Failing to deliver an experience that can be trusted can have far greater consequences today than in years gone by. The best example of this is the now world-famous ‘United Breaks Guitars’ story, and Dave Carroll’s mission to expose that lack of care and respect United Airlines gave him as a customer. As of today, the video he posted on YouTube about his experience has been viewed almost 13 million times. The damage to United Airlines is probably immeasurable.
Whilst my words have focussed very much on the lack of trust, we should start to focus on how to earn it – and in a lot of cases, how to get it back. I believe that it is possible to create the ‘trust equation’ for organisations to align to.
The equation looks at four things:
Let us have a quick look at these in turn:
Honesty – consumers just want organisations to be honest. Just tell me the truth. Do what you say you are going to do. Do not try and hide anything. Consumers also expect that organisations will not get things right 100% of the time – so just be honest with me when you get it wrong, and address the issue. How many businesses that you deal with are honest?
Reliability – we all want the businesses we deal with to be reliable. We want to know that things will work as they should. I wanted to buy a specific clothing item from a small independent retailer the afternoon before I was due to go on holiday. I arrived at the shop to find it closed. It was 4:15pm. On the door, in big letters, it stated that the shop closed at 5:00pm every day. Reliable? Not only did the retailer miss out on that purchase, but they also will not be given the opportunity to get another.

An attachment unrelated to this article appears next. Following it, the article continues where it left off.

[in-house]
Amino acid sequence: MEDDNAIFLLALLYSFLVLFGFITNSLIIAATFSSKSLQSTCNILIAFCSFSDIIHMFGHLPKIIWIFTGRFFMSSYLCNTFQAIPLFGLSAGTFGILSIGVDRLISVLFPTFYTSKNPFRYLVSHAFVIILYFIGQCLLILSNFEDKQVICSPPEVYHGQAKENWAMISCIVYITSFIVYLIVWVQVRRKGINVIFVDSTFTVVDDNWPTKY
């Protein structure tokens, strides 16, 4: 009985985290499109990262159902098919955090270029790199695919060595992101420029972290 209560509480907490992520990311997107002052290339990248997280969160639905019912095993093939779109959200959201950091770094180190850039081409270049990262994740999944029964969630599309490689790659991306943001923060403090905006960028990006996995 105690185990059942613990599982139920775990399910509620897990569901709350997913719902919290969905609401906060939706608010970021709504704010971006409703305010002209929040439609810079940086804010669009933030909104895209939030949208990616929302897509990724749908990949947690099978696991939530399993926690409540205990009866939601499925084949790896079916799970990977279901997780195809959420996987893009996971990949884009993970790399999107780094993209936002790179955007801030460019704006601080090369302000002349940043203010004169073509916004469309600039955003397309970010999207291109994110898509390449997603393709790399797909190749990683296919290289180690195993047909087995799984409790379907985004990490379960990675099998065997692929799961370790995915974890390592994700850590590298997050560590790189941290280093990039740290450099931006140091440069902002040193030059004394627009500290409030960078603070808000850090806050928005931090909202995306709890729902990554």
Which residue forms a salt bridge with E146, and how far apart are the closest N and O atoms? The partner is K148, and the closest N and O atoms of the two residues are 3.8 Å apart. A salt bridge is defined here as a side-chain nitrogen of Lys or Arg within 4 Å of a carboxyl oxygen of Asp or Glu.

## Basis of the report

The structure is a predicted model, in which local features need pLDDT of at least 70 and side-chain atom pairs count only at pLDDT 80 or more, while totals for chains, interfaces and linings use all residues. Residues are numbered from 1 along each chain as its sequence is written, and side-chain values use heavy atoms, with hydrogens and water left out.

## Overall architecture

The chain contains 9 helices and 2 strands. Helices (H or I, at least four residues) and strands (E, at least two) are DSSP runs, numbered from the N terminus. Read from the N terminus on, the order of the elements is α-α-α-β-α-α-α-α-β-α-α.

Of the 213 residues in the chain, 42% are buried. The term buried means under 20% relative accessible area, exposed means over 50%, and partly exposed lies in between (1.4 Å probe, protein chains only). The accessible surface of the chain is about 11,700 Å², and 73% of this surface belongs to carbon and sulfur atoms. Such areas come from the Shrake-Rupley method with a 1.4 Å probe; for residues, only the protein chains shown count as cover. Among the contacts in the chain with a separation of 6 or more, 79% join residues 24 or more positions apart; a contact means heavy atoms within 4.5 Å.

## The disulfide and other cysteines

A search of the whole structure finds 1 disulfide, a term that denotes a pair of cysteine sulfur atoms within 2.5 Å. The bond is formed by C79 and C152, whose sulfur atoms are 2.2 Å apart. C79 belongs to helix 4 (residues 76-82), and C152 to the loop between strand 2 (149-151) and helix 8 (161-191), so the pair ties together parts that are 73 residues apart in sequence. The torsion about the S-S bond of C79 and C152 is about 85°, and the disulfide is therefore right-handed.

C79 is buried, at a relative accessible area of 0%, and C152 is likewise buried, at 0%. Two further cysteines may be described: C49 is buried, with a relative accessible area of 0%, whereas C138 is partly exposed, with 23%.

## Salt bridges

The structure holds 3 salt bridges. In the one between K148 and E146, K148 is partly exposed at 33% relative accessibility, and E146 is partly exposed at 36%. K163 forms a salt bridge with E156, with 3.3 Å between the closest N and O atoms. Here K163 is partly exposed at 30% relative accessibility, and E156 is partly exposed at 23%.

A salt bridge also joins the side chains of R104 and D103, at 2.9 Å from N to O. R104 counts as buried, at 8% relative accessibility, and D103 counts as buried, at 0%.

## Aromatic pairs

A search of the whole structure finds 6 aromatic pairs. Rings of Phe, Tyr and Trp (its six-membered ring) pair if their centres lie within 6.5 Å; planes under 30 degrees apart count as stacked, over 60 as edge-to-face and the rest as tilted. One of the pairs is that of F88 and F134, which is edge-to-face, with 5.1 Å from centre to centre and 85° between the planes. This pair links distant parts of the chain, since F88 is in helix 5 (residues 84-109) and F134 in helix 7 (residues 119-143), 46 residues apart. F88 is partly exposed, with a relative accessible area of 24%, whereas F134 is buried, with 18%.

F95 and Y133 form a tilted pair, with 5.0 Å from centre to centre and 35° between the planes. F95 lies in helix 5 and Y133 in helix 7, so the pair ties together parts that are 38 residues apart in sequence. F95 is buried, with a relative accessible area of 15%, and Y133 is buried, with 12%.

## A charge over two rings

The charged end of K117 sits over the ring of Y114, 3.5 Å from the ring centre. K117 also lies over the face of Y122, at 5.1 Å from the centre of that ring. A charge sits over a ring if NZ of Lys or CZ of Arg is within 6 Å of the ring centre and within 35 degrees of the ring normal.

Consistency – this is vital in delivering an experience that the consumer will trust. If you are able to deliver a consistent experience, your consumer will be far more likely to keep coming back. The bigger the brand, the harder this is to do. Premier Inn is a hotel brand that is starting to excel in the consistency arena. Every Premier Inn is the same – it looks, feels and behaves the same. By contrast, other hotel brands deliver inconsistent experiences, meaning that you do not always get what you expect.
Care – this is the final but of the trust equation. If you are able to achieve the first three elements, you are in great shape. But it is possible to be honest, reliable and consistent without caring. As a consumer, I want to know that the company I deal with cares about me. They recognise the importance of me as a customer. If not, it is unlikely that I will build an emotional connection with that company. If that does not happen, the likelihood of me recalling my experiences is minimal. One could argue that Ryanair are a brand that sums this up. They are very honest in what they do. They are very reliable (the most in their industry) and consistent. But do they care?
I believe that Trust is the embodiment of customer experience. I believe that if organisations do not embrace Trust, and work hard to ensure that they deliver experiences that can be trusted; they will fail to be able to attract and keep the customers they exist to serve. Companies that we can trust will be the real winners as our fast-changing world powers on.
This post was first published on Digital CX Conversations by Eptica.